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March 9, 2022

The UK Master Trust Equity Story

The UK Master Trust Equity Story

With growing allocations of private capital into the long-term savings market, small independent Master Trusts offer an opportunity to private equity investors.

The equity story

NMG has identified six key factors that underpin the equity story with small independent Master Trust providers:

A flurry of private capital into retail long-term savings

Over the past five years, there has been substantial growth in participation of private equity in the UK long-term savings market. To date, private capital has been largely attracted to the retail channel due to its larger total asset and revenue pools than workplace defined contribution plans (“Workplace DC”), as seen in Exhibit 1.

Exhibit 1: 2020 Long-Term Savings Assets and Revenue Pools (Retail vs Workplace DC)

Source: NMG UK Stock & Flow Model

This extent of private equity fund participation has been enabled by the breadth of acquisition targets in the retail channel, c.9,000 retail advice firms and a broad range of independent service providers to retail advisory businesses (including advisory practice management and CRM software, financial planning software, and platform providers).

The growing importance of workplace DC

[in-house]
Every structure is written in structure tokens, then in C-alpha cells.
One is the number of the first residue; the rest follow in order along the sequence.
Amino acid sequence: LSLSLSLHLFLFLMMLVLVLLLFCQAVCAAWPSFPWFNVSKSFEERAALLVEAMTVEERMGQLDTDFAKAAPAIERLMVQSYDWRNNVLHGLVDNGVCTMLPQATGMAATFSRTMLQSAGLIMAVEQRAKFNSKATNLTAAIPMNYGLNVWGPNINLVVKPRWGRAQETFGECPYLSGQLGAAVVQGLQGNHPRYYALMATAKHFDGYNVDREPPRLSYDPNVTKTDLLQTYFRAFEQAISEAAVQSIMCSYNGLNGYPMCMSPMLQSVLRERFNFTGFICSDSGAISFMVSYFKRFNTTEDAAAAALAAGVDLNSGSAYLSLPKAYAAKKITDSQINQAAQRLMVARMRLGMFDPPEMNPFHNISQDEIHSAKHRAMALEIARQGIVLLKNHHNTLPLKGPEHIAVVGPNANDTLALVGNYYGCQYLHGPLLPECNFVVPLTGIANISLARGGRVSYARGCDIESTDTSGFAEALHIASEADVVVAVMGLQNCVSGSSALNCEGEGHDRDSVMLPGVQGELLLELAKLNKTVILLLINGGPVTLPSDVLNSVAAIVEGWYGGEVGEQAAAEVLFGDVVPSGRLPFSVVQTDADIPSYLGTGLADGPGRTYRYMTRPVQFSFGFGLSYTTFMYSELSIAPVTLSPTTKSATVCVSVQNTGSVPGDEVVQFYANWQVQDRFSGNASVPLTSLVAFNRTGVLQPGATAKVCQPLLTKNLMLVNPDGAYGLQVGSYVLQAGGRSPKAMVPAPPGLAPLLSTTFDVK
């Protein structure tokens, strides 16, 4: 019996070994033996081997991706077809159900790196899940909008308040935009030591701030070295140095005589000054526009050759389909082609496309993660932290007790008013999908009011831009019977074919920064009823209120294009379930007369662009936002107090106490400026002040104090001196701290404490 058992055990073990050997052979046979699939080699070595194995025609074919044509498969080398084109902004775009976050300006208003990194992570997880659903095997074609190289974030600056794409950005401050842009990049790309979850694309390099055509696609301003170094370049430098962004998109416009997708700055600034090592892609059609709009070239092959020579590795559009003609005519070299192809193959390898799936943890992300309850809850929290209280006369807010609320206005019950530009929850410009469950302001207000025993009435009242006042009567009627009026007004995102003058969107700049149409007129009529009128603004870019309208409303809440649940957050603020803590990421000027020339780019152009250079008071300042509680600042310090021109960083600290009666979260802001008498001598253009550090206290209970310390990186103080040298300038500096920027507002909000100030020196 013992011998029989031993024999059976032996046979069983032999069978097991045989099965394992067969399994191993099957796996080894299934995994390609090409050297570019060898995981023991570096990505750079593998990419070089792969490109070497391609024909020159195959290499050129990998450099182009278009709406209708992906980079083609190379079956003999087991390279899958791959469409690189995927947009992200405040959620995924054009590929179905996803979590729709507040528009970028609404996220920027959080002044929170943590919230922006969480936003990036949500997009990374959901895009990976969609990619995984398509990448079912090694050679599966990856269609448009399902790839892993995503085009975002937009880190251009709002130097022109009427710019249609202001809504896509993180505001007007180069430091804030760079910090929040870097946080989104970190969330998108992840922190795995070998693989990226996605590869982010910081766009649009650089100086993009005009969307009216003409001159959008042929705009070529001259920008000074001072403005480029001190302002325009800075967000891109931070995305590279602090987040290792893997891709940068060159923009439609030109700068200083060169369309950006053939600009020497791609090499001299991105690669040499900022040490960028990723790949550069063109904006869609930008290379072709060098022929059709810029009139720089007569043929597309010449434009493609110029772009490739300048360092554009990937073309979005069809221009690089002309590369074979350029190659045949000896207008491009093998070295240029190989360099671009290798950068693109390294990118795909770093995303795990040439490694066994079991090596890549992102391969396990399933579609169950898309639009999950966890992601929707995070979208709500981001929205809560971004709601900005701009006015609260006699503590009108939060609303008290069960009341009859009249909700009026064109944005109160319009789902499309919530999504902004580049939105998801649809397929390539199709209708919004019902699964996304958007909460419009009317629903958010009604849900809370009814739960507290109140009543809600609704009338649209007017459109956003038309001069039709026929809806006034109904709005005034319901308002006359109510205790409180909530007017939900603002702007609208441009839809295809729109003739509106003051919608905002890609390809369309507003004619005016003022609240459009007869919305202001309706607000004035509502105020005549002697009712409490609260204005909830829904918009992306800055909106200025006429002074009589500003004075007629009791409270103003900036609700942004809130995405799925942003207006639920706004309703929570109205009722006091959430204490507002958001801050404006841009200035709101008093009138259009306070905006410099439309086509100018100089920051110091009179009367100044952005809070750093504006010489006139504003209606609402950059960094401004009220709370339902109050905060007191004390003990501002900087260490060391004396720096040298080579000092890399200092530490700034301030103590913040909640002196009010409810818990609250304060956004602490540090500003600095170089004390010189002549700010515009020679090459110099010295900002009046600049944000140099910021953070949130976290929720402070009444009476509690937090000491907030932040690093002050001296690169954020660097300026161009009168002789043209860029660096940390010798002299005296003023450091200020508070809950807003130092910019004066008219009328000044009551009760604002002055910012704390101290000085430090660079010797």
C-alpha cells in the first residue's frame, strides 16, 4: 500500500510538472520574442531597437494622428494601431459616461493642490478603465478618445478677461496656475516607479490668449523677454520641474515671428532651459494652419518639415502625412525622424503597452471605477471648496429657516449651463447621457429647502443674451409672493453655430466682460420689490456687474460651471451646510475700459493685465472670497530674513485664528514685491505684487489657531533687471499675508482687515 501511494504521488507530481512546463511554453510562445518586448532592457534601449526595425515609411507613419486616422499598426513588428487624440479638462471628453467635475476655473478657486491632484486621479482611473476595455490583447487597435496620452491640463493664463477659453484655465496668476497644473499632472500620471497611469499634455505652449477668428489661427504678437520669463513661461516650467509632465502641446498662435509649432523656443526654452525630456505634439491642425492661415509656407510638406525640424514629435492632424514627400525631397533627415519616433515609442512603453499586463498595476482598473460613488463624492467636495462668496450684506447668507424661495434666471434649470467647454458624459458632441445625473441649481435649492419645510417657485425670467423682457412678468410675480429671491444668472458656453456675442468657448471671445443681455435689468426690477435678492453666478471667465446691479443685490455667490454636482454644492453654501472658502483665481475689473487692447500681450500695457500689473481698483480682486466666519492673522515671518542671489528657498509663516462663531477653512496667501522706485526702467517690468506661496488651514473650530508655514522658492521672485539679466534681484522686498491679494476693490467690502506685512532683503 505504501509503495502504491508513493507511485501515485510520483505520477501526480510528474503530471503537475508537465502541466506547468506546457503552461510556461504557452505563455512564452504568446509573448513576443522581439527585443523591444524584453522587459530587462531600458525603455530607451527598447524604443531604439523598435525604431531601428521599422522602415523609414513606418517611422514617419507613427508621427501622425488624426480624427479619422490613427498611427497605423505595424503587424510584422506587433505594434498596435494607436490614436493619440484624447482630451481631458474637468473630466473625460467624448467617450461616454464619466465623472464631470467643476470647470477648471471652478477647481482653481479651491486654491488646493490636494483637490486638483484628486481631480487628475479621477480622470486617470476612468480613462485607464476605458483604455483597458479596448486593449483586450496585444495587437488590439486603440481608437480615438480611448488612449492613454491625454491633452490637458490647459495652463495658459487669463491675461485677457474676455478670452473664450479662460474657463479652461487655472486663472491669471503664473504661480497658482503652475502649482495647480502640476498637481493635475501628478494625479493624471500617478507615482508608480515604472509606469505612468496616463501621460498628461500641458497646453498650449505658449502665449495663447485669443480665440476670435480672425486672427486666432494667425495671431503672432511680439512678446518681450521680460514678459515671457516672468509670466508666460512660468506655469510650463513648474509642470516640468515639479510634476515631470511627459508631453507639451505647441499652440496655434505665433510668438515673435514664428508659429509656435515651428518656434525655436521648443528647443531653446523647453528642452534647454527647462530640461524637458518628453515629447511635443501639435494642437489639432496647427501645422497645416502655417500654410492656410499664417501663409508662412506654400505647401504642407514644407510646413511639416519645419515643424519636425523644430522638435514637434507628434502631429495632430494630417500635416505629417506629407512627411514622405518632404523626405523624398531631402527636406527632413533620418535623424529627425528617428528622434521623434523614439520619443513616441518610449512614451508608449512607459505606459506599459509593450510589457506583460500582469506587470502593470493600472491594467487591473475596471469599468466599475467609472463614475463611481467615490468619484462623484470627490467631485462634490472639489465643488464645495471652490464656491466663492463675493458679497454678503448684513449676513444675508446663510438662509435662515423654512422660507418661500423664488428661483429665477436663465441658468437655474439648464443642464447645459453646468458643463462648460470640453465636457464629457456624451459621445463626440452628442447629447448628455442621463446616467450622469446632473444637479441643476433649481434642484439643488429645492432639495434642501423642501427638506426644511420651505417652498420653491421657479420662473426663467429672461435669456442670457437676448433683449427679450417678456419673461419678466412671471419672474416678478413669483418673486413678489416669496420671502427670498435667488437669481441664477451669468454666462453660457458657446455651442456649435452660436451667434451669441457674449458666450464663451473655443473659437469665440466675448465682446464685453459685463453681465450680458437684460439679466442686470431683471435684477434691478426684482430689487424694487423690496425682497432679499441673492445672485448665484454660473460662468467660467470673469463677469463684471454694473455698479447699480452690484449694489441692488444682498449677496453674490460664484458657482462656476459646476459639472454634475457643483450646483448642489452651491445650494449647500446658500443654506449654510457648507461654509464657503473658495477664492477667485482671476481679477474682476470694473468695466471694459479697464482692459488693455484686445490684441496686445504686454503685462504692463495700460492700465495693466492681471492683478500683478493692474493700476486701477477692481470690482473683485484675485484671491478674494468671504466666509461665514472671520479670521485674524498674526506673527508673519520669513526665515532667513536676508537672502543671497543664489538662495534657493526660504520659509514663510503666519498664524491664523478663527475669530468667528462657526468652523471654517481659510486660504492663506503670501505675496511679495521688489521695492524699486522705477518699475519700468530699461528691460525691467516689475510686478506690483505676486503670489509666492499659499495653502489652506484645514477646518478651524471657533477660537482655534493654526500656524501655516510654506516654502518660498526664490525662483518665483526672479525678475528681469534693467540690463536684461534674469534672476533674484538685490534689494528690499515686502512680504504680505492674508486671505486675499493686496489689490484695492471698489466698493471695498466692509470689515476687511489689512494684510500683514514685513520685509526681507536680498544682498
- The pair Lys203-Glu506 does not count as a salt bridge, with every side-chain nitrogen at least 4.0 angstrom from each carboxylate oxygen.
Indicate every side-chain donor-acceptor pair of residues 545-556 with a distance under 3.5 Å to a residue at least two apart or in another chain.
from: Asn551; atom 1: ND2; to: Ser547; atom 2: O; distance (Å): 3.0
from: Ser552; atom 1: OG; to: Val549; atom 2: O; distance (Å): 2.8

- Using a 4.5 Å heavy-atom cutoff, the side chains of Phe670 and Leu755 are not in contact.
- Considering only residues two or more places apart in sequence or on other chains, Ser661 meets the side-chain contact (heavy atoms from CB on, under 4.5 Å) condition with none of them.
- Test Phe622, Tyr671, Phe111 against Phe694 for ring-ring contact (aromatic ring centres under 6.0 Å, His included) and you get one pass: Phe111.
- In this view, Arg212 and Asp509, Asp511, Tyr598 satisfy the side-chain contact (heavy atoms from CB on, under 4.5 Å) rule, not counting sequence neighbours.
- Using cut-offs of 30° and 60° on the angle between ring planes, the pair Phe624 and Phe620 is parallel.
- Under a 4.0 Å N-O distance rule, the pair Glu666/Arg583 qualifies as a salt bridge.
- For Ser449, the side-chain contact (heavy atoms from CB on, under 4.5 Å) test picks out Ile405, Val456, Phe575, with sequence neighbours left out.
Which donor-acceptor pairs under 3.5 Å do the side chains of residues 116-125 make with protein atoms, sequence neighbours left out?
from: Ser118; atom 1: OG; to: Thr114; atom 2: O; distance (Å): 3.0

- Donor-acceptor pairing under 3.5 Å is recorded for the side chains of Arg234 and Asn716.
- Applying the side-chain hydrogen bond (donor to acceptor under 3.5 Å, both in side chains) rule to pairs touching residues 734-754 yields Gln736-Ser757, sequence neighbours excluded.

However, workplace DC has been steadily increasing in importance since Auto-enrolment (AE) phasing-in began in 2012, compelling UK employers to offer opt-out workplace DC pensions to most of their employees.

While most large AE-compliant schemes had been set up by 2015, the ongoing contributions associated with AE drove up workplace DC share from 18% of assets in 2015 to 22% in 2020. With forecast net inflows of ~£15bn pa into workplace pensions, this growth in share is expected to account for 26% of the UK long-term savings market AUM by 2025f as shown in Exhibit 2, and up to ~35% by 2035f.

Exhibit 2: Workplace DC Share of UK Long-Term Savings Market Assets (£bn)

Source: NMG UK Stock & Flow Model

The workplace DC opportunity for PE is in small independent Master Trusts

There are three key types of workplace DC pensions: contract-based, single trust and Master Trust. While contract-based and single trust pensions are controlled by large insurance groups, Master Trusts (MTs) have a range of ownership structures:

  • Insurer/Platform-owned MTs (~38% of MT AUM): insurance groups seeking to vertically integrate into internal default funds and cross-sell into drawdown
  • Large not-for-profit MTs (~35% of MT AUM): Government-backed NEST and People’s Pension (union-based) offer a simplified proposition typically aligned to the needs of employers of low-income earners
  • EBC-owned MTs (~17% of MT AUM): employee benefits consultancies with MT plug-in to internal EB platforms, and seeking to vertically integrate into internal default funds
  • Small Independent MTs (~10% of MT AUM): 10 schemes each with <£2bn in AUA, mostly privately/union owned with limited participation in investment economics